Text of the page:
Dr Kanninen continued by explaining how the authors of the Zero-draft (the preliminary document for the upcoming Rio +20 conference) realize that in order to make significant progress towards building green economies new investments, new skills formation, technology development, transfer and access, and capacity building in all countries is required. Dr. Kanninen referred to the comments of the Green Economy Coalition (GEC), who state that the zero-draft steps rather delicately around the question, not only of how much the transition is going to cost, but how we are going to leverage additional funds. According to the GEC, the past experience of Rio 1992 showed that governments alone will not be able to pay for the transition so there is a need to think a lot more creatively about how to leverage additional finance. Dr. Kanninen agrees with these views of the GEC and believes that there are likely to be no significant impacts of the Rio +20 conference. There might be some steps forward in terms of strengthening the institutional framework (i.e. the role of the CSD and/or UNEP) but all in all this conference is a start of a long process of negotiations
After Dr. Kanninen’s presentation Chair, Antto Vihma (FIIA), gave the floor to the commentators.
Professor Janne Hukkinen reflected in his commentary on the definition of “green economy” and noted that the concept is too loose. He highlighted the need for further work on narrowing down on the concept, and bringing in planetary boundaries. Professor Hukkinen also noted, positively, that a lot of the needed technology already exists and that raising significant amounts of public financing rapidly is possible, as proven by the financial crisis. He also remarked that our economy and society is oil dependent, and that running out of oil would bring serious challenges to the whole concept of economic growth. He concluded by stating that due to the current economic crisis we are in many ways in a lock-in situation (not only economically but also institutionally and behaviorally) and what is needed is a general acceptance that societies need to adapt to a new reality.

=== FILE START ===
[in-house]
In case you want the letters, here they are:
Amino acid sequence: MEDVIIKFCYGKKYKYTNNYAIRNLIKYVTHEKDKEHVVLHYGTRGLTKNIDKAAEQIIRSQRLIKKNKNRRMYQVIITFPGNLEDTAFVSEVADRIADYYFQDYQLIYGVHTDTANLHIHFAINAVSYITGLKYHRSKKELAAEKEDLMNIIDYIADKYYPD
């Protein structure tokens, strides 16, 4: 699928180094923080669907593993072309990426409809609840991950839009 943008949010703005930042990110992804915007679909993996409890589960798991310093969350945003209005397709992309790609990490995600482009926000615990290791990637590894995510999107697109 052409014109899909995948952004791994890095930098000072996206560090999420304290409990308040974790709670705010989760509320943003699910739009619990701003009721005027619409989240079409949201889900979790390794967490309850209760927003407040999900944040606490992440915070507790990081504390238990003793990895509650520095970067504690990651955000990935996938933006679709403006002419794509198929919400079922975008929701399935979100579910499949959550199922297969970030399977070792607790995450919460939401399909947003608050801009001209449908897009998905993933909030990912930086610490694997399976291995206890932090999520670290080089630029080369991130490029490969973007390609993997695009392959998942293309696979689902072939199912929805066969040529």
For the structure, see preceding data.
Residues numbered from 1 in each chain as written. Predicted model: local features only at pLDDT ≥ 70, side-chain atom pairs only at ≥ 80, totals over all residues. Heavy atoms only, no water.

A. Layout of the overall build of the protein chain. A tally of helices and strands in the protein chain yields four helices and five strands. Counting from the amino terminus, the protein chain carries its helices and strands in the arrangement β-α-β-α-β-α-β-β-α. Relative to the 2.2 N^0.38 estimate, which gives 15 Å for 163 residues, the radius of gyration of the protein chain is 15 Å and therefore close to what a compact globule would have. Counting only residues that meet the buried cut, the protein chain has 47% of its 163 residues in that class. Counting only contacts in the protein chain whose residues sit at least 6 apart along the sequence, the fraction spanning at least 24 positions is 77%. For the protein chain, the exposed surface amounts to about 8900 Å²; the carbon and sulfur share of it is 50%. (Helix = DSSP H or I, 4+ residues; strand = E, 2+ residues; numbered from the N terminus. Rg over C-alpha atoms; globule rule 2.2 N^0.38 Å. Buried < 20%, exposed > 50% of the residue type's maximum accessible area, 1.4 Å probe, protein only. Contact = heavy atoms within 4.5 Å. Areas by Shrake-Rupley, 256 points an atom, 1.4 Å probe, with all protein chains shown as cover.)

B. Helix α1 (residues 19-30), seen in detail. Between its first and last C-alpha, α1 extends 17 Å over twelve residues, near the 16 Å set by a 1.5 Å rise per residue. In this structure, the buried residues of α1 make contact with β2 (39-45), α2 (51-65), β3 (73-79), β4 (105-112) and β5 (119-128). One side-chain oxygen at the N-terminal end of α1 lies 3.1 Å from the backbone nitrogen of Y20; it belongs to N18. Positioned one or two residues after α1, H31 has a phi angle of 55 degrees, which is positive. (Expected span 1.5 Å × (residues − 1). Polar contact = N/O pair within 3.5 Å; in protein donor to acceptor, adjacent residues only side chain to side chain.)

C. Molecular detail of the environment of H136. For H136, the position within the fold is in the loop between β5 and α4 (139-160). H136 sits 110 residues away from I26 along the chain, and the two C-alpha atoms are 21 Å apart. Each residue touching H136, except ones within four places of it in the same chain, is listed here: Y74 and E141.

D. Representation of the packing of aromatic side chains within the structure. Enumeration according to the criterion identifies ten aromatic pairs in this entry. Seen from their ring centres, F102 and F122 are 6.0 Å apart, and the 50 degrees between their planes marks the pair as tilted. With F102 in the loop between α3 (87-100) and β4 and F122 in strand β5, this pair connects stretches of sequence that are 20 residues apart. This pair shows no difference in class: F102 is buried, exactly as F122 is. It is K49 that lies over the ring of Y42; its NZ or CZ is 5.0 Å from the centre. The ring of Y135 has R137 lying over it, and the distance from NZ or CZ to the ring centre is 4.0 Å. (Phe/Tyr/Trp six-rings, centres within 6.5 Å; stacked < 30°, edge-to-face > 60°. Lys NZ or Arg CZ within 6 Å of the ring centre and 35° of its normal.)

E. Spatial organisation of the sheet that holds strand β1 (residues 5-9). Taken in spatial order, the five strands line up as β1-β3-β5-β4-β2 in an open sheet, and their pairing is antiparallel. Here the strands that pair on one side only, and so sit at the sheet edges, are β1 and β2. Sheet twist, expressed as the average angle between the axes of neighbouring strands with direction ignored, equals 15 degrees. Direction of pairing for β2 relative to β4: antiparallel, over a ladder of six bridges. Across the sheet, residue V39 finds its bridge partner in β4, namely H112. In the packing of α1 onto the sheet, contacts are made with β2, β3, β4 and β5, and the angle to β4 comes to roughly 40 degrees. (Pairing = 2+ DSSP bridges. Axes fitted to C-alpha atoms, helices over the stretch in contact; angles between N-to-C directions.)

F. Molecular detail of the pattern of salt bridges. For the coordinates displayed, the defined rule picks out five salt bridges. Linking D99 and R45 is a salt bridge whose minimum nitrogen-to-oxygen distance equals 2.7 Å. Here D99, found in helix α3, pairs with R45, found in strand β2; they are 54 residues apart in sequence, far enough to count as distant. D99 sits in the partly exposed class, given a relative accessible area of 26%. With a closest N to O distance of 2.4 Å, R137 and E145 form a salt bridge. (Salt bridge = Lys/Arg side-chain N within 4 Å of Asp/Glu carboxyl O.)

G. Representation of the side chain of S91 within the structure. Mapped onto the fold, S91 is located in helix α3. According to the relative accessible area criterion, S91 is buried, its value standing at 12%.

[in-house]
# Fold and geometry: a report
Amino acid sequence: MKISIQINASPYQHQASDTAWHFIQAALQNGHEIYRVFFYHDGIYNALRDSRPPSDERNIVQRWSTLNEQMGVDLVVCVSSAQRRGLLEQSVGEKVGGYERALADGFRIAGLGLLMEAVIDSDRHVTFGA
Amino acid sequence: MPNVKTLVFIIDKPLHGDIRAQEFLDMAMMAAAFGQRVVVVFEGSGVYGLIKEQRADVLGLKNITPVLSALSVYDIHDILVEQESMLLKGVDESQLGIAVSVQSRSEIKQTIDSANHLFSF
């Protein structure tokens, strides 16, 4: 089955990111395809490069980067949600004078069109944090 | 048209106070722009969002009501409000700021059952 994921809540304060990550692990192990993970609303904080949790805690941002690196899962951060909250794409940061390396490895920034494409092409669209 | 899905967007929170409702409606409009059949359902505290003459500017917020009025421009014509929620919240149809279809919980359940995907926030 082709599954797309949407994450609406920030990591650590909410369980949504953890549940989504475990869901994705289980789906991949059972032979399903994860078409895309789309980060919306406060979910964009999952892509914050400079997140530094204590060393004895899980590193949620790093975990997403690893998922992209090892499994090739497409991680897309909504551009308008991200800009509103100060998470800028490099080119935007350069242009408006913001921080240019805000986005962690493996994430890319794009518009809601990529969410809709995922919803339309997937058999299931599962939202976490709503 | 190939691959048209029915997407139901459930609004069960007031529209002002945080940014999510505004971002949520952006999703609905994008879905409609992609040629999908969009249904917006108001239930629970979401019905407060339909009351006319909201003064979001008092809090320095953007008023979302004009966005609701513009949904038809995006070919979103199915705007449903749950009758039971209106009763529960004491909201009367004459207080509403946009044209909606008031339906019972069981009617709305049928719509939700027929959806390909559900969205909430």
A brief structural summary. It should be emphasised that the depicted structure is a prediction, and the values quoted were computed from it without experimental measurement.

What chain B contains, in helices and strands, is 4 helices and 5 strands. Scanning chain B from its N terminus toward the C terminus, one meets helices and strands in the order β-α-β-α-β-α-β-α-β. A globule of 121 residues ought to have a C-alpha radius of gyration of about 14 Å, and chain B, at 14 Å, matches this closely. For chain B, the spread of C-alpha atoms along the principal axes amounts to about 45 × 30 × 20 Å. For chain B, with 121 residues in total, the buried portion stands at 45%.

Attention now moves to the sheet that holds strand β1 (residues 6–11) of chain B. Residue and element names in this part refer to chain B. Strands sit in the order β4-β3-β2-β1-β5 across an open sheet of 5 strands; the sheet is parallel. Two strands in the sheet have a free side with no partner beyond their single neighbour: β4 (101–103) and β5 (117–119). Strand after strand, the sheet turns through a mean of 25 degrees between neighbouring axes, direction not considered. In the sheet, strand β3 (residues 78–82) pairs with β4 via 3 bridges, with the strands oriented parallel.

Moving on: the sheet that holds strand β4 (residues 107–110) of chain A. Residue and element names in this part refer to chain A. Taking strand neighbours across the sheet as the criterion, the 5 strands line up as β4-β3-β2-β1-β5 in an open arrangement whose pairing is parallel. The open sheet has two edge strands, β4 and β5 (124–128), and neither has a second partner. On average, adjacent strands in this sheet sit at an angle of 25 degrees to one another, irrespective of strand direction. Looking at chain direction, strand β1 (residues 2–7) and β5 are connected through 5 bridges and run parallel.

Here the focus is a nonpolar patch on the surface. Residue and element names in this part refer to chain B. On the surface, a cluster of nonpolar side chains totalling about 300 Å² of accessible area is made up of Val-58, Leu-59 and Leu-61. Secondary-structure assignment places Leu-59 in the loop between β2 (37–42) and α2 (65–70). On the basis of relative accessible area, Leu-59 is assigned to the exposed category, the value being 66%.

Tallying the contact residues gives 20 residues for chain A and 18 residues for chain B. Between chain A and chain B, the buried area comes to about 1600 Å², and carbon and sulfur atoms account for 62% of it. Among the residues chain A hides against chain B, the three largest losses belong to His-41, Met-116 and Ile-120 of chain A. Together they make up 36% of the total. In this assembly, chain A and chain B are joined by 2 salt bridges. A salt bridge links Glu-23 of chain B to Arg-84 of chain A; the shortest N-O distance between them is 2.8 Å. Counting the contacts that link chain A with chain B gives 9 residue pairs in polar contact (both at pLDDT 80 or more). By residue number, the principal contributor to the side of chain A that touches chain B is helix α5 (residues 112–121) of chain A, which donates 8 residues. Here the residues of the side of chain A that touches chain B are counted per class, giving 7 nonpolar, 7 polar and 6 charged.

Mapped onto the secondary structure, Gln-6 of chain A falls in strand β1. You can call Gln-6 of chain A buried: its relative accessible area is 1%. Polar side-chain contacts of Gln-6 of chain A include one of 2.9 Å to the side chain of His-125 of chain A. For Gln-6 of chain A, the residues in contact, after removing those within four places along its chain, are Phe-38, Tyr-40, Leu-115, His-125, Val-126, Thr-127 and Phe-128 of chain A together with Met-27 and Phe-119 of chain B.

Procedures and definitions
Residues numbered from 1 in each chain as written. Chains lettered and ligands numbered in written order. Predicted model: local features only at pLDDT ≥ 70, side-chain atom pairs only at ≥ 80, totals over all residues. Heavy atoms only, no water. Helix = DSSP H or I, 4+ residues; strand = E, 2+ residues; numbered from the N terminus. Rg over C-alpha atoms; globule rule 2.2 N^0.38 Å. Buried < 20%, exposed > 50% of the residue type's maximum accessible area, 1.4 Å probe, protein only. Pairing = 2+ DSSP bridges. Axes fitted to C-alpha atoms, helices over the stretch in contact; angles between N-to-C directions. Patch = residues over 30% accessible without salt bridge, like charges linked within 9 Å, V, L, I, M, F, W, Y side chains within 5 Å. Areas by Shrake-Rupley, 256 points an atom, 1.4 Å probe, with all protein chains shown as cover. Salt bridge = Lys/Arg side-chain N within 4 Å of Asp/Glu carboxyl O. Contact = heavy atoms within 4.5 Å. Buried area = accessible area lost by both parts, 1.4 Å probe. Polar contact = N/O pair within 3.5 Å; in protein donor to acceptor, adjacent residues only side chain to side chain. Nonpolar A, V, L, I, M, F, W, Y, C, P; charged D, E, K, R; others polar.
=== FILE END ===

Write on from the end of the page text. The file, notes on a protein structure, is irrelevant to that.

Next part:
In his commentary Jouni Nissinen, Head of Environmental Protection, Finnish Association for Nature Conservation, began by highlighting the importance of the notion of planetary boundaries, which was also taken up in the newly published conclusions of the High Level Panel on Global Sustainability. Mr. Nissinen said that even though the Brundtland Commission has stated that sustainable development and economic growth can go hand in hand we must not forget the physical limits of our planet. He proposed five concrete issues, which should be remembered in the Rio + 20 preparations. The first is the notion of planetary boundaries; the second is remembering the importance of the Rio principles; thirdly the need to seriously consider the proposals made by the high level panel on global sustainability; fourthly a discussion on innovative financing needs to be done and finally, voluntary participation in achieving goals needs to be discarded since only obligations will work.
A lively question and answer session followed the presentations and during this the audience and the speakers discussed among others the role of technologies, climate change prevention and how all actors in society can and should be included in the sustainability debate.